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Right ventricular assist device (RVAD): An adjuvant therapy in variety of cardiovascular procedures

Session Poster Session 4

Speaker Maria Molina

Event : Heart Failure 2019

  • Topic : interventional cardiology and cardiovascular surgery
  • Sub-topic : Cardiovascular Surgery - Transplantation
  • Session type : Poster Session

Authors : M Molina (Philadelphia,US), Y Quiaoit (Philadelphia,US)

Authors:
M Molina1 , Y Quiaoit2 , 1University of Pennsylvania, Cardiovascular Medicine and Cardiothoracic Surgery - Philadelphia - United States of America , 2University of Pennsylvania, Heart Failure/Transplant - Philadelphia - United States of America ,

Citation:

Background: Right ventricular assist devices (RVAD) have been utilized in the treatment of post-cardiotomy right ventricular failure and as an adjunct to left ventricular assist device (LVAD) implantation with reasonable success. 

Purpose: In this case series, we describe outcomes of seven patients treated at our institution with RVAD support for post-cardiotomy RV failure, as an adjunct to LVAD implantation, and as prophylactic RV support for LVAD patients undergoing elective ventricular tachycardia (VT) ablation procedures. 

Methods: Retrospective analysis from 7/2017 to 9/2018 of the seven case series of patients who were supported by temporary right ventricular assist device. Laboratory findings and outcomes were analyzed using descriptive statistics.

Results: Demographics, pertinent clinical details, and outcomes are summarized in Table 1.  Three patients (pts) were treated with RVAD support for post-cardiotomy RV failure; of these, one died of intracranial hemorrhage on the 6th post-operative day.  The remaining 2 pts were successfully decannulated after 33 and 26 days of RVAD support, respectively, and ultimately discharged from the hospital.  Two pts received RVAD support as an adjunct to LVAD implantation; both of these pts were successfully decannulated with improved RV function after 22 and 13 days.  Finally, 2 pts had prophylactic RVAD placement prior to an elective VT ablation procedure; again, these 2 pts were weaned from RVAD support successfully on the 21st and 6th post-procedure days. Post-cardiotomy patients required longer duration of RVAD support (median 26 days) than LVAD pts (median 17.5 days) and pts receiving RVAD support for VT ablation (median 13.5 days).  These pts also had, in general, more post-operative complications including acute renal failure and need for tracheostomy.  Notably, the post-operative course of pts receiving RVAD support for elective ablation procedures was relatively uncomplicated.  This anecdotal finding may support wider use of prophylactic RVAD support in this population, although certainly warrants further investigation. The peak bilirubin values were again higher for the post-cardiotomy group (4.6 mg/dL) compared to the LVAD and VT ablation groups (4.2 mg/dL and 2.7 mg/dL, respectively).  This likely represents the overall higher clinical acuity of the post-cardiotomy patient population.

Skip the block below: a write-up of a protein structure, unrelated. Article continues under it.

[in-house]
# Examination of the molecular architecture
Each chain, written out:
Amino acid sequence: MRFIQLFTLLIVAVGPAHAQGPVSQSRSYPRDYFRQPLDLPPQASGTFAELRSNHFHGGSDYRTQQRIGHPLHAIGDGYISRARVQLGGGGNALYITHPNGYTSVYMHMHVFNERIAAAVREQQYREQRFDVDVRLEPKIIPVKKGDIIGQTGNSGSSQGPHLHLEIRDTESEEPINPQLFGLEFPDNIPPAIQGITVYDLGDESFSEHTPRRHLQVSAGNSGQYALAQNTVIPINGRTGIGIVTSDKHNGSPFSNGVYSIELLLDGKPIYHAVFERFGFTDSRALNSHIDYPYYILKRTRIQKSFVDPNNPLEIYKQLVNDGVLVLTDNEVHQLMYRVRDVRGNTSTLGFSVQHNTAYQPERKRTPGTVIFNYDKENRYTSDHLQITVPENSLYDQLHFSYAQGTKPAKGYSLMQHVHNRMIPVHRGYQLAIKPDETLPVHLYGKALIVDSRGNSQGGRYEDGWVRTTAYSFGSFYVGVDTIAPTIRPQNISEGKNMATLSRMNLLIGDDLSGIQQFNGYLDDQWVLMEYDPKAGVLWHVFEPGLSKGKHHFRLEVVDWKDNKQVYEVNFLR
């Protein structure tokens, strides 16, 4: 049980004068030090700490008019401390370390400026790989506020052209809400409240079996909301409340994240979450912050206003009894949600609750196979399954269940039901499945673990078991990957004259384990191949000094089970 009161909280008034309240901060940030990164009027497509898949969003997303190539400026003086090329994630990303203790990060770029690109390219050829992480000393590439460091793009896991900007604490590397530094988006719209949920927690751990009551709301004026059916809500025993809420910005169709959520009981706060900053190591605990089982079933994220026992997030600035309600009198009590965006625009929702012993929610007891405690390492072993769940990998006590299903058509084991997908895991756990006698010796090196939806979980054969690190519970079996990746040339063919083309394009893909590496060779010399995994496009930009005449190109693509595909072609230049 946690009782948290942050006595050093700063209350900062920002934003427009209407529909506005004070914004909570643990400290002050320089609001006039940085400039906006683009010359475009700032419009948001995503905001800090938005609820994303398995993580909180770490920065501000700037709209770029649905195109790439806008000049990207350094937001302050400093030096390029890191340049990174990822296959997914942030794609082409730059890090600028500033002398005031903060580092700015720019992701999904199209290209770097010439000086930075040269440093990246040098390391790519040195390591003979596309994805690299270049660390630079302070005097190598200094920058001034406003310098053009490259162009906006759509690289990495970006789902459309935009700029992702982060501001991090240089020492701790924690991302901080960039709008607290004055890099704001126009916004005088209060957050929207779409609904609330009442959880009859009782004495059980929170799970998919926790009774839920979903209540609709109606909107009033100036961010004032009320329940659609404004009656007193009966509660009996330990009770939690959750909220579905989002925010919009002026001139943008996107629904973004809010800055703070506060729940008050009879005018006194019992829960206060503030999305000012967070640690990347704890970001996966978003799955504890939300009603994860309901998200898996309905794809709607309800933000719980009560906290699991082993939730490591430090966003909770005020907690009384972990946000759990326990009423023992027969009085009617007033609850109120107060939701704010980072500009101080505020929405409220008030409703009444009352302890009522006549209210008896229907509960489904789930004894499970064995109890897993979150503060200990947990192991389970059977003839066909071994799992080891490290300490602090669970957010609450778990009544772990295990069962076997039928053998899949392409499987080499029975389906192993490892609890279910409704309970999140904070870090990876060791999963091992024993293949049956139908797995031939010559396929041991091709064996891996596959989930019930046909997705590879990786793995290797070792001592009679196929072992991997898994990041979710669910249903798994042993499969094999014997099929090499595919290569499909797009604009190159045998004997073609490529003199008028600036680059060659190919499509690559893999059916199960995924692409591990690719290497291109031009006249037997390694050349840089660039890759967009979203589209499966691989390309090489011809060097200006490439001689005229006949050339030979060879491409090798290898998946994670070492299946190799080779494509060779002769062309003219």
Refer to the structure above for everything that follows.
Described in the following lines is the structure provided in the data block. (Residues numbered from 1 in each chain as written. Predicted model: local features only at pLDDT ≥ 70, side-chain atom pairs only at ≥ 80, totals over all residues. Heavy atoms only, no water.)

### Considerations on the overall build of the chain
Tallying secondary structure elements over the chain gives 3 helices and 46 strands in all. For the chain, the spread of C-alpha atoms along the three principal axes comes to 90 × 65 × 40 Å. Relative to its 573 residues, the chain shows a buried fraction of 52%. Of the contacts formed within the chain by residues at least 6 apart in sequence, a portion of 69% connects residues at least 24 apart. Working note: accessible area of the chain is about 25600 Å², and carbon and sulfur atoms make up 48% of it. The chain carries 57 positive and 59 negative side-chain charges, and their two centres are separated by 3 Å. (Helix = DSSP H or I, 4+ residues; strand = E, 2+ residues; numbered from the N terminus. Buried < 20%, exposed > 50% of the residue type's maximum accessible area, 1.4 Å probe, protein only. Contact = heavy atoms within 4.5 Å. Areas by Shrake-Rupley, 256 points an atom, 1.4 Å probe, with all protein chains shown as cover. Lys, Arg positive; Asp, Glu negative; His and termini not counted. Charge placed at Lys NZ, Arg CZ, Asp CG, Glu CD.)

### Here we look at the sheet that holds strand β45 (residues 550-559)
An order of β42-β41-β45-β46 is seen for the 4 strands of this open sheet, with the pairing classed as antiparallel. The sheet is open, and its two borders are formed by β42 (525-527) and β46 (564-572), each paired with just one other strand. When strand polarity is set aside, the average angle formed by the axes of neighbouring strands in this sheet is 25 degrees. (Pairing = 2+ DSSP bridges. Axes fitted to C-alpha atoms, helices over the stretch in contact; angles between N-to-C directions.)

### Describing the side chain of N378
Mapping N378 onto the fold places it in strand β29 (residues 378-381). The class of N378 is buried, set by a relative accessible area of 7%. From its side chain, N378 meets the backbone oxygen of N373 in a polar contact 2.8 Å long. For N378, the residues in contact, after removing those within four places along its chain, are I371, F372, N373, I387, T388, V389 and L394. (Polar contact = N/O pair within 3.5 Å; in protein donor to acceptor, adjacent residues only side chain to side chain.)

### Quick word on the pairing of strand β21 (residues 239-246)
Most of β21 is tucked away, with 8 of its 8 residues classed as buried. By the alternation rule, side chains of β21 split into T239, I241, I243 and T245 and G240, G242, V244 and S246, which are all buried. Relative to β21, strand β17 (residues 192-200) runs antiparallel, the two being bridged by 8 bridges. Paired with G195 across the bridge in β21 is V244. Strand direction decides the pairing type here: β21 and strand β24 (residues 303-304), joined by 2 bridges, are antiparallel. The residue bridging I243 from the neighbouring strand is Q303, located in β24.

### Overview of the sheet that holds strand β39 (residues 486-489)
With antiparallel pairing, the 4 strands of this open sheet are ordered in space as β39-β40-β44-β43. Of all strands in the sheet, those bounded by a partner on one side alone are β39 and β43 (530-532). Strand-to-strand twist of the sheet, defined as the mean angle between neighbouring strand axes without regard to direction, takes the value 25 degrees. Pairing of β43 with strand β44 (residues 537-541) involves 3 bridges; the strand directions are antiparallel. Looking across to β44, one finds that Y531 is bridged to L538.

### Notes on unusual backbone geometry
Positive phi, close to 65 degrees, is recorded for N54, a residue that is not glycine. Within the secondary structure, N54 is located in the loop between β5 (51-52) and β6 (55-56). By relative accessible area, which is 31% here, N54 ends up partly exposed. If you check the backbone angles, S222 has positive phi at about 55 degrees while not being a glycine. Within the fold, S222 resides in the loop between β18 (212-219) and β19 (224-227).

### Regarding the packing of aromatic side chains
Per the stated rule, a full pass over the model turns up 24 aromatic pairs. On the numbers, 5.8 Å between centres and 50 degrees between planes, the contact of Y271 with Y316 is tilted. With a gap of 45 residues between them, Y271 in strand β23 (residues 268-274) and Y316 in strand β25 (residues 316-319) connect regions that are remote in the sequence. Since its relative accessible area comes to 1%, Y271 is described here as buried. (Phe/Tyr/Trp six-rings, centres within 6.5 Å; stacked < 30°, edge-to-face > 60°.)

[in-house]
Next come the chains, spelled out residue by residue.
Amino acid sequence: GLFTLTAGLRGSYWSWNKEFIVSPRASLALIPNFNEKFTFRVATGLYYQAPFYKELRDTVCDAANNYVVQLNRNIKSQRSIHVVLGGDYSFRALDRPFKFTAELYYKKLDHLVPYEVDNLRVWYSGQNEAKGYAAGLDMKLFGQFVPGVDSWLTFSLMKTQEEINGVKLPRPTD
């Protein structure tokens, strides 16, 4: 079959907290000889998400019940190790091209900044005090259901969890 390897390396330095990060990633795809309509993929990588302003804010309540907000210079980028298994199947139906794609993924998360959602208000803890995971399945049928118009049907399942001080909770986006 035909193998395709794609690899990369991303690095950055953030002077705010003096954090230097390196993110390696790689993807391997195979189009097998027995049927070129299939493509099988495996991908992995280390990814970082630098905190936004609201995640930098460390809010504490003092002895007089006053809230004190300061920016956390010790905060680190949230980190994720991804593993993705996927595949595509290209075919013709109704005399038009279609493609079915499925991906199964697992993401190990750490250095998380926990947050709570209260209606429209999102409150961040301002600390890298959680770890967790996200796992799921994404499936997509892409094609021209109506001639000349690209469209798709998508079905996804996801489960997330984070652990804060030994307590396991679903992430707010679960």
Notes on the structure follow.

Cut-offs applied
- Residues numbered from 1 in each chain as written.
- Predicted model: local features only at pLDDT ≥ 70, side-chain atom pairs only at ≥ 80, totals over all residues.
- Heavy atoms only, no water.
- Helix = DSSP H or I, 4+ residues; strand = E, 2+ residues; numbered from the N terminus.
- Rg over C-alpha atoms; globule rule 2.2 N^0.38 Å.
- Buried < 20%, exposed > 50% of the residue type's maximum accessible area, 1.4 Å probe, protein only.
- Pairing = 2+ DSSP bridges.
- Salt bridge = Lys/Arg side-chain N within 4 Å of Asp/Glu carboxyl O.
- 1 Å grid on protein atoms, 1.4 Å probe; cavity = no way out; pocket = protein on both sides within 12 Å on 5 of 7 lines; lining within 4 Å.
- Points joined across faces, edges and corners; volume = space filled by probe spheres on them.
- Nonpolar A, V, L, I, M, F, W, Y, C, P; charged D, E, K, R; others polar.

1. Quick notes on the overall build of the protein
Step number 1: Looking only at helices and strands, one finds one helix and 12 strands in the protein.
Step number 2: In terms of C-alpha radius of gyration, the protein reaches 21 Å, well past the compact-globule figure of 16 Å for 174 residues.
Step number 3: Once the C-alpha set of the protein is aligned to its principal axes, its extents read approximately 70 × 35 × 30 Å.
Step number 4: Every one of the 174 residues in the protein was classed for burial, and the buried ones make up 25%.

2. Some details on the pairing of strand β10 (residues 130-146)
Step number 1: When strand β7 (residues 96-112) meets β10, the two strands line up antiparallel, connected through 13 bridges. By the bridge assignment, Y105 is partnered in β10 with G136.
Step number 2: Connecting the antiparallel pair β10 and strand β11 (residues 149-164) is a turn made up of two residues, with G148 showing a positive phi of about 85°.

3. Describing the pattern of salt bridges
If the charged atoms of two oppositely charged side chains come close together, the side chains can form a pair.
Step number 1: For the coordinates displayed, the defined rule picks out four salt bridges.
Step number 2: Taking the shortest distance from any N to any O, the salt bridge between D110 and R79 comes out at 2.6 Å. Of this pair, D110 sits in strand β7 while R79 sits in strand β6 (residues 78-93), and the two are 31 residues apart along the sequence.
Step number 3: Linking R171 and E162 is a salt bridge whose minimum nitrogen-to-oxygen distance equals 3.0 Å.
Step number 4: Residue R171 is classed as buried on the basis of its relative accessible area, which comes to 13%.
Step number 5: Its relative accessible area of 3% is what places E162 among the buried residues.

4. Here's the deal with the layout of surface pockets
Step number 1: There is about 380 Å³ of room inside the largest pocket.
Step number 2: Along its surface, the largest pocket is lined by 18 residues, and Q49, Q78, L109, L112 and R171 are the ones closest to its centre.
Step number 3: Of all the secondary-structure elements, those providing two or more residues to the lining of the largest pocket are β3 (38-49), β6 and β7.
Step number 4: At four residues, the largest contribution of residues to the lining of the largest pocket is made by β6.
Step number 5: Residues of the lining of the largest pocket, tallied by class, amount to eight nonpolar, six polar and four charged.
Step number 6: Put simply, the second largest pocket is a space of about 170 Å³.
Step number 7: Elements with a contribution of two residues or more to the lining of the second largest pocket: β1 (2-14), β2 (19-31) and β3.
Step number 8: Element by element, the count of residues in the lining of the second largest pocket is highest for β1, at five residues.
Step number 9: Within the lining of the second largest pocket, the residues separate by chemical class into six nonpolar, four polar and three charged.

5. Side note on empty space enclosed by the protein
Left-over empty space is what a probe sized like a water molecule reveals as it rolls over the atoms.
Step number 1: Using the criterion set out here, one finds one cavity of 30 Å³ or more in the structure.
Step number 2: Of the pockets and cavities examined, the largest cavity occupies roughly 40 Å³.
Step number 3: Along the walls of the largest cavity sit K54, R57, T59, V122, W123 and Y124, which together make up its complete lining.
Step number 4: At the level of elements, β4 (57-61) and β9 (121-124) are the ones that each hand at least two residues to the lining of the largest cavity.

Conclusion: Our experience supports the notion that early or prophylactic RVAD support may be of particular benefit in certain clinical situations, as patients in our series who received RVAD support in conjunction with LVAD implant or in preparation for VT ablation had fewer complications and shorter duration of support than the post-cardiotomy group.  While these findings merit further investigation, our series confirms that RVAD support is a durable, feasible option for prolonged right ventricular support in a variety of clinical scenarios, successfully bridging many patients to full recovery.

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